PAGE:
Carrie.jpg

Where do I go to buy a cx bike?: If you want to buy a used bike, there is a buy/sell/trade group on Facebook for women/trans/femmes in the Twin Cities.  Lots of local bike shops carry new cyclocross specific bikes.

What to bring to a race?: The three changes of clothes outlined earlier (pre-ride warm up clothes, race outfit, and dry street clothes for post-race). You will also want to pack your helmet, bike specific shoes, snacks, water bottles, checkbook or cash if you are registering day-of.  There are usually basic bike repair facilities on-site, and basic first aid supplies handy.


What happens on race day? During the race?

How early should I get there?: To have plenty of time, look at the race flyer to determine the start time of your race, and work backwards.  You will want to have time to pre-ride the course before the start of your race, so look at the start time of the race that happens immediately before your race. You will want to pre-ride the course before that race starts. For example, if you are racing the Women’s 4 / 5 race at 2:25, the race before yours starts at 1:20. You will want to be ready to pre-ride between 1:00 - 1:20.

Getting numbers, chips, etc: If you pre-register, you still have to check in when you arrive to get your race number and timing chip.  Volunteers should tell you which side of your back your number should be pinned to. Typically the timing chip is strapped to your left ankle.

Warm-up routine: The course is “open” for pre-rides when there are no races in progress.  Typically, there will be a sign near the start/finish line that will say “Open” or “Closed”.  When in doubt, ask a race official (khaki pants and baby blue polo) or listen to the announcer for cues. If you are wearing a chip timer during your pre-ride, do not ride across the start/finish line, even if no races are in progress. Ride one full lap of the course slowly so you can take in all it’s features and get a sense of where the hard parts are.  If time allows, practice riding or running through the challenging areas and make note of how you want to execute it during the race. While other races are happening, walk along the outside of the course to watch other races to see how they handle each section.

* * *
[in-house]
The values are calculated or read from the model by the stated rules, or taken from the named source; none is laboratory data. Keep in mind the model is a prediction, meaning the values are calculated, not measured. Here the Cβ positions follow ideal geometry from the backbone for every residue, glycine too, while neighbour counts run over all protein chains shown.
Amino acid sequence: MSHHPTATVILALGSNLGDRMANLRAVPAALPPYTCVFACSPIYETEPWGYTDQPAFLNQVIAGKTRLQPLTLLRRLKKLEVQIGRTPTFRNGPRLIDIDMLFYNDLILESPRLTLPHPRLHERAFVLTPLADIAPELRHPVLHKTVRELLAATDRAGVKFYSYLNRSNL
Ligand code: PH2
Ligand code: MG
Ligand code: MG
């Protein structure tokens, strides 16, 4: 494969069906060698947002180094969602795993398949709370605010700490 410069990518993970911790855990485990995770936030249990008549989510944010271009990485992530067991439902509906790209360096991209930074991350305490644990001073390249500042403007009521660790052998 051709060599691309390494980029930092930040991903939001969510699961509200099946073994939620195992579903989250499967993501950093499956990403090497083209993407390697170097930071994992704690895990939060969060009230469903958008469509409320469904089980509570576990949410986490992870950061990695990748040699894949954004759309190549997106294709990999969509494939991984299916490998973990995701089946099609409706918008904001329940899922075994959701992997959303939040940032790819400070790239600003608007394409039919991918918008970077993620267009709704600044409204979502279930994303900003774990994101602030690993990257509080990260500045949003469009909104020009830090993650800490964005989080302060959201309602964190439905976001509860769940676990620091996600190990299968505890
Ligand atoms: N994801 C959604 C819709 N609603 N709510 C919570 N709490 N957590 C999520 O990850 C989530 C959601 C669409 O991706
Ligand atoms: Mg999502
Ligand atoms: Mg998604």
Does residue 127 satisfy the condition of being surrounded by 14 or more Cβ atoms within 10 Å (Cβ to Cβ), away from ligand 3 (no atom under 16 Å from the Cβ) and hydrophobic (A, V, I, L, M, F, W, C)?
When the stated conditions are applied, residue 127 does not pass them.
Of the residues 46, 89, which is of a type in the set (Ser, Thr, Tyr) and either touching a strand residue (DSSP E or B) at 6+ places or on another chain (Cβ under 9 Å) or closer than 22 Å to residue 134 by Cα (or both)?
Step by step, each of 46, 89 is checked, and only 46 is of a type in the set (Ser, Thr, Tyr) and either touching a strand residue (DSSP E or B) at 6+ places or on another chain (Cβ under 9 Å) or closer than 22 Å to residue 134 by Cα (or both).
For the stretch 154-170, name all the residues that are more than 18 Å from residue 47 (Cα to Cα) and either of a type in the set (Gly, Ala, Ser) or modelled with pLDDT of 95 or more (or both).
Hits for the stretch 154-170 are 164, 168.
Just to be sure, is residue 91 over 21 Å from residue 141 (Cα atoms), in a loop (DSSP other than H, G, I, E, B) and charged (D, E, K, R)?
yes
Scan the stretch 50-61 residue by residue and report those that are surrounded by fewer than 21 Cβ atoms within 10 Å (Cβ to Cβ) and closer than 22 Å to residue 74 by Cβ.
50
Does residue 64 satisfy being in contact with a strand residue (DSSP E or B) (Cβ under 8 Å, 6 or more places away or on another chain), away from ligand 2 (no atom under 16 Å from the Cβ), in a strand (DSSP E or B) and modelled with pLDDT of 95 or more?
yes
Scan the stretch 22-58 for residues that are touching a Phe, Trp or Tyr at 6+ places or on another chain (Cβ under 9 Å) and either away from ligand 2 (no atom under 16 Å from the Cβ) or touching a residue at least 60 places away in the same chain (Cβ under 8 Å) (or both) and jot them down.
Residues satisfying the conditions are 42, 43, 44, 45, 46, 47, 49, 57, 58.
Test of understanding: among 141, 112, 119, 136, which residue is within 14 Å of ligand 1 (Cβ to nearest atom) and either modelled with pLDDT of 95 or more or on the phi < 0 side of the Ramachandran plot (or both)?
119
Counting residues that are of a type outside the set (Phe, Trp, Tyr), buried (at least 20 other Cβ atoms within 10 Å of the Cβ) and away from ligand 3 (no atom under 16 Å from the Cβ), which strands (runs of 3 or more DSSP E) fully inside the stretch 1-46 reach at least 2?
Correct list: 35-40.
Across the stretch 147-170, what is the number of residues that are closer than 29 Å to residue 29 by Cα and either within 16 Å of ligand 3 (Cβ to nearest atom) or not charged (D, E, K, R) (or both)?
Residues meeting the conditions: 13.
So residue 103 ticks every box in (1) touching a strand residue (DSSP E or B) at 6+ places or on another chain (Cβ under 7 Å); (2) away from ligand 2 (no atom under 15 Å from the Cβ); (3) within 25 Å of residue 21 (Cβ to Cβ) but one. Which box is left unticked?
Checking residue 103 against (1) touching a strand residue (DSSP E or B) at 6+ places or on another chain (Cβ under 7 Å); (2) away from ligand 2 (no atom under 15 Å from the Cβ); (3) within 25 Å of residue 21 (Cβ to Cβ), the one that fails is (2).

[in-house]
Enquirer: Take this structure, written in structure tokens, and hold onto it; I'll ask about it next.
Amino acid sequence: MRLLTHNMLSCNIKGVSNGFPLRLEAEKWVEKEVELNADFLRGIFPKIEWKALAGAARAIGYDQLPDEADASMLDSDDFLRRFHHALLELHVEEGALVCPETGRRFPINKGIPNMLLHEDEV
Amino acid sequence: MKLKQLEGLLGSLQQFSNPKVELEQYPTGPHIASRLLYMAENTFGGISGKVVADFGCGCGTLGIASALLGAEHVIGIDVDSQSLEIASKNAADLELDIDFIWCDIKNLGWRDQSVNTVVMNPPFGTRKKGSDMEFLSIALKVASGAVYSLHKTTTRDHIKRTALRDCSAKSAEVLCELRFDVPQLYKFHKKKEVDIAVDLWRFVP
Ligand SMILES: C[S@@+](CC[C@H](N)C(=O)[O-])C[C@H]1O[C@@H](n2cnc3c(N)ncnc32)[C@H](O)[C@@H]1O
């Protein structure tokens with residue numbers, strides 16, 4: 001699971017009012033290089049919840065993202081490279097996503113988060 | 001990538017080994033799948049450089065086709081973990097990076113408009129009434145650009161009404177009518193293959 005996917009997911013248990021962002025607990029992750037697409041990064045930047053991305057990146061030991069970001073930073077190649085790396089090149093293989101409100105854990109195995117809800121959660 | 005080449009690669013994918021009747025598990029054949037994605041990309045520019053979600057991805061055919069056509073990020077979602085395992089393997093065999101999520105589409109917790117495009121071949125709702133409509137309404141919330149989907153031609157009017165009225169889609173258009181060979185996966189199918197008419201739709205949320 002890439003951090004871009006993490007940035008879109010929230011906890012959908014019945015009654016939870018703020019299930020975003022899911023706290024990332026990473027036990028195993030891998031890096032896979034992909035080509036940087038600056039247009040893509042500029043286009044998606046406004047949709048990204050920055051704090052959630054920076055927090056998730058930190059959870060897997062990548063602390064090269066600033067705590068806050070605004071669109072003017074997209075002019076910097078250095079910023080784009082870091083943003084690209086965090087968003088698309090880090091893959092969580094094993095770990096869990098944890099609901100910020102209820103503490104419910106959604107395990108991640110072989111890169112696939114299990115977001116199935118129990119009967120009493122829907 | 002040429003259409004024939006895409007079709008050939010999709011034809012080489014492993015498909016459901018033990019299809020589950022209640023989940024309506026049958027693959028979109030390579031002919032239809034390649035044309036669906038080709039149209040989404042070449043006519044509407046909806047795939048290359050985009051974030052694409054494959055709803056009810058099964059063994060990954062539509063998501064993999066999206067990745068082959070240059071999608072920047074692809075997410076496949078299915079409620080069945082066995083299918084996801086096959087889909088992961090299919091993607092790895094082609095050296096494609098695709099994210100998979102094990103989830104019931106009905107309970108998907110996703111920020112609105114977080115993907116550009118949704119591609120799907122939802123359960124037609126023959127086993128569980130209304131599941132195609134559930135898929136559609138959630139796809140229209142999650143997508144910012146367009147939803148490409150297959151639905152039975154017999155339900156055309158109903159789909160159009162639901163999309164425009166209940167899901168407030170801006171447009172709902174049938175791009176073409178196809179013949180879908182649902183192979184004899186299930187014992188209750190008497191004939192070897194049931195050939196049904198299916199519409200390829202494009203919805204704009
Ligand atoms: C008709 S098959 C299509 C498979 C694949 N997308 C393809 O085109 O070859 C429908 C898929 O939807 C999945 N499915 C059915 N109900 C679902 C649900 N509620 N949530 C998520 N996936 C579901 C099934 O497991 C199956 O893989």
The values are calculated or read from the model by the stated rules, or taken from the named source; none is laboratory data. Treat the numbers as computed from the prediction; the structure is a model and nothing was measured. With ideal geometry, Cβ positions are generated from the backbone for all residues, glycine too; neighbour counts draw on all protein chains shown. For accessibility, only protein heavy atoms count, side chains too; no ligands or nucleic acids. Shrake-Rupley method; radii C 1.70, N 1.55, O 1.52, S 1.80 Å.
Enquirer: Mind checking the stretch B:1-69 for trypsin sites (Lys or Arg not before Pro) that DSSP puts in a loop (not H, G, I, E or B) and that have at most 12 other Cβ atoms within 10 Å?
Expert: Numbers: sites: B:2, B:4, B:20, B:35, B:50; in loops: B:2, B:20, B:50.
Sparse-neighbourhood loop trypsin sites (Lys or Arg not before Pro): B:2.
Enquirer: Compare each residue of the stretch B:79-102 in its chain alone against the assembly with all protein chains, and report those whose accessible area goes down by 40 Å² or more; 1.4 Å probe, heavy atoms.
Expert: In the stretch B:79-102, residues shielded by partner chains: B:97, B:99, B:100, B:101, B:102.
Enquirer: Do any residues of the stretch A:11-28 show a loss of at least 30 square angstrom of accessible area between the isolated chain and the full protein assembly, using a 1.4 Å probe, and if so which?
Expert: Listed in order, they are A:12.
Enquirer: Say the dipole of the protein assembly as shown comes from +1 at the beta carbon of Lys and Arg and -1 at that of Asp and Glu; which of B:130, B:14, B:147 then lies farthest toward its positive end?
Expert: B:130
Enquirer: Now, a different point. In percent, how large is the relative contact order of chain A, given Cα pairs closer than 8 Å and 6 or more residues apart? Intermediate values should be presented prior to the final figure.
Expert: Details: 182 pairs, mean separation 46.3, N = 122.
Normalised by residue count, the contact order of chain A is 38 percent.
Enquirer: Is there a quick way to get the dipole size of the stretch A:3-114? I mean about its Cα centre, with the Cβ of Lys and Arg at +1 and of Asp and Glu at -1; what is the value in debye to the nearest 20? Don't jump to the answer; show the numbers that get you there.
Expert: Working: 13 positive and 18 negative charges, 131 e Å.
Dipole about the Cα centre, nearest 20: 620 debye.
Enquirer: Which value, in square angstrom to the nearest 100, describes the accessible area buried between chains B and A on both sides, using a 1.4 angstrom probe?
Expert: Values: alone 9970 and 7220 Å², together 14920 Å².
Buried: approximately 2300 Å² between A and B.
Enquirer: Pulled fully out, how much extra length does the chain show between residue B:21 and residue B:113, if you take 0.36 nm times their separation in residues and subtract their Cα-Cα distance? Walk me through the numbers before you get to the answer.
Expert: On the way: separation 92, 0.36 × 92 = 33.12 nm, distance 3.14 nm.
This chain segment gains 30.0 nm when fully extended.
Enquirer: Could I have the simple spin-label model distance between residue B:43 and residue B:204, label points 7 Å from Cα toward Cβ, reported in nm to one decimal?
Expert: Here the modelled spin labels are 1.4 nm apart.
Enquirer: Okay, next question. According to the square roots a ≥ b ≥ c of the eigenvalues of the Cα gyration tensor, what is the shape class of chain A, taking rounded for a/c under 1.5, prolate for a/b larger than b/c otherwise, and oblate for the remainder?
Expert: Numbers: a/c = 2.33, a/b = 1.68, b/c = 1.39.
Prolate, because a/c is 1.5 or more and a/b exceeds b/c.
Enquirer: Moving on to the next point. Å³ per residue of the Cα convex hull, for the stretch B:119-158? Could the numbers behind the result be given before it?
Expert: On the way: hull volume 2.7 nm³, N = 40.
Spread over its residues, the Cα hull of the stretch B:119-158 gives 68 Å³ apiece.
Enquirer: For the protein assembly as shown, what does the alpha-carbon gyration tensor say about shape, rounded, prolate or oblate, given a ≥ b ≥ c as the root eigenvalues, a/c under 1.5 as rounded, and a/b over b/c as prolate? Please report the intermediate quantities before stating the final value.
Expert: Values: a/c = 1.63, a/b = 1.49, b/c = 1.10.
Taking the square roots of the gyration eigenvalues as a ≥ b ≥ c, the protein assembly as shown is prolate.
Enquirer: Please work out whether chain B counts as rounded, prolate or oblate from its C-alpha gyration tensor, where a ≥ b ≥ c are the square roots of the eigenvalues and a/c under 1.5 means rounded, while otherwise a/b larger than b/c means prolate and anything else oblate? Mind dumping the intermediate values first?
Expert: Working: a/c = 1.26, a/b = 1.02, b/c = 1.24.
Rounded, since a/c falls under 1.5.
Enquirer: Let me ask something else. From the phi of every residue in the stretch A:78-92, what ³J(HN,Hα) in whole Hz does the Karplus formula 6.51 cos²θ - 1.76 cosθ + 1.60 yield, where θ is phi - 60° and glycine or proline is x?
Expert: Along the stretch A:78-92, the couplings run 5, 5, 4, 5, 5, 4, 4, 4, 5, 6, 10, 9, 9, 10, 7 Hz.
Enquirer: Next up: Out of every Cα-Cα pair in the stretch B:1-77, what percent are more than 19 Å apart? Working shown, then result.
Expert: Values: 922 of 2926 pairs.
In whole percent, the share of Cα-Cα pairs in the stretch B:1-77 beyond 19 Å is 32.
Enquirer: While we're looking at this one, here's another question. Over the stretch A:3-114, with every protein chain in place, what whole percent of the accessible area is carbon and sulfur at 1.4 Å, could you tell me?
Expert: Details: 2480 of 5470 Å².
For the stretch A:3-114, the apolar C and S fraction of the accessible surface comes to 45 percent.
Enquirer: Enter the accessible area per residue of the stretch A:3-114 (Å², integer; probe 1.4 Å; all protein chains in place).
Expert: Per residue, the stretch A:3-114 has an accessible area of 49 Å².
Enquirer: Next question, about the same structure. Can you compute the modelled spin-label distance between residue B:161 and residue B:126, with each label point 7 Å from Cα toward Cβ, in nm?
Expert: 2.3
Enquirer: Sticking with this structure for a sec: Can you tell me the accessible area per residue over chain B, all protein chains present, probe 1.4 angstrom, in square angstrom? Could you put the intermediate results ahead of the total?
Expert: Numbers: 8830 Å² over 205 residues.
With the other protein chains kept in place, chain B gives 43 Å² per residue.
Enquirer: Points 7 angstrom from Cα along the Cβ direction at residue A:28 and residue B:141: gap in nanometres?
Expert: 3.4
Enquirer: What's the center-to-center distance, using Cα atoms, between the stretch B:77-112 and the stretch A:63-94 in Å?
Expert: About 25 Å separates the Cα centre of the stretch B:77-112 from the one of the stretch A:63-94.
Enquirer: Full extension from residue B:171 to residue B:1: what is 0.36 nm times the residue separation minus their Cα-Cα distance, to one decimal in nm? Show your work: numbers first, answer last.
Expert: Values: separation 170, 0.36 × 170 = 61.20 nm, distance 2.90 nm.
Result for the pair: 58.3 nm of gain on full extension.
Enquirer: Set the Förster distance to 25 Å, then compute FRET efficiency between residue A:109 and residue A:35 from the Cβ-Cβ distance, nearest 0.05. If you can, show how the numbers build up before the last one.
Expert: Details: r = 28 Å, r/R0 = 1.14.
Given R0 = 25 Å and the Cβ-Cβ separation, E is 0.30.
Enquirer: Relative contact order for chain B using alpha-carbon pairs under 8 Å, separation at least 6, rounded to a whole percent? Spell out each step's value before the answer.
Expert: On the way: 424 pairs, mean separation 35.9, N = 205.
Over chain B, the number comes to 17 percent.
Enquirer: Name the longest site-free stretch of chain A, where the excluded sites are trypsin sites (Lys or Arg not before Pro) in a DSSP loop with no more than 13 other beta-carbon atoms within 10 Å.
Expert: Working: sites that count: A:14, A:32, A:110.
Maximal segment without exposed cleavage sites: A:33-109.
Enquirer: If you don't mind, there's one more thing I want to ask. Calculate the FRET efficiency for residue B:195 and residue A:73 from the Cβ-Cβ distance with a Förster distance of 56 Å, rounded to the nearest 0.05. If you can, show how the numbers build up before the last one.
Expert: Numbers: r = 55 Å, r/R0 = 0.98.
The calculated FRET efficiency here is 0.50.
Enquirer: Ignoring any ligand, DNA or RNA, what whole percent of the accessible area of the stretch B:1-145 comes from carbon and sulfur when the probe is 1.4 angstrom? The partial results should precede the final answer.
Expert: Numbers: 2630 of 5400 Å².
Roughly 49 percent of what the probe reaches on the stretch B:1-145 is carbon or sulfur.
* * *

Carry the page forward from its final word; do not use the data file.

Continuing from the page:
Nat.jpg

When to be at the start?: You will want to start heading to the start area of the race about 15 minutes before your race time.  The officials need you there early to give instructions and get everyone lined up. They don’t wait for stragglers, so be there early!

How the lap counter works, bell lap: During the first lap, officials will time how long it takes the leader of the race to complete one lap. Then, they calculate how many laps can happen within the race time. Typically for a 30 minute race, you will do 2-4 laps. At the start/finish line, there will be numbered cards showing how many laps remain.  When you hear a bell, that means it is the last lap for everyone in the race. If you get passed by the leader of the race (“getting lapped”), you will finish on the same lap.

What’s the etiquette when I pass someone?: When you are coming up behind a rider that you would like to pass, call out to them that you would like to pass when they have a chance to move over. They may need to wait for a clear opening before it is safe for them to move over.  Thank them when you pass.

What’s with people yelling rude things at me and handing me food / beer?: See “heckling” and “handups” defined earlier.

What do I do when I’m done? The race officials will tell you when your race is over (if you happen to miss the bell lap or lap counter cards.  You will need to turn in your chip timer - typically they have buckets set out after the finish line. You’ll want some time to cool down, grab a snack and some water.  Usually about 20 minutes after a race, the results are posted on print-outs near the registration table. If you want to stay for the awards ceremony, those can happen up to an hour after the race.

How do I eat for the race?: This comes down to personal preference. Some folks try to eat two hours before, some prefer to eat within about 45 minutes of race time. You’ll have to experiment to see what types of foods you like and how soon before racing you need to eat to feel great.

How do I set my tire pressure?: Tire pressure is also a personal preference, and will also depend on what time of wheels/tires you have, your body weight, and the terrain of the course.  Generally speaking, for 700c wheels, a range of 15-30 psi is average. If you have inner tubes, you will need the tires to be pumped up on the higher end of that spectrum to avoid getting a “pinch flat”.  If you have a tubless set up, you can run lower tire pressure. If the course is hard-packed or grassy, you might want higher pressure so you can go fast. If the course is sandy, rocky, or muddy, you will want lower pressure to give your tires more traction. This will take some practice and experimenting to find the right combination for your body, bike, and the terrain.

Jenna.jpg

How do I improve my racing?

Practice, practice, practice! You can practice all on your own, or will a group of friends.  Or, if you are wanting to get serious, you can hire a coach who will meet you with you one-on-one and provide you with a training plan.  

Check out the Facebook group “Twin Cities Cross Practice” for dates / locations.  Some bike racing teams will host practice nights.


Kathleen Ryan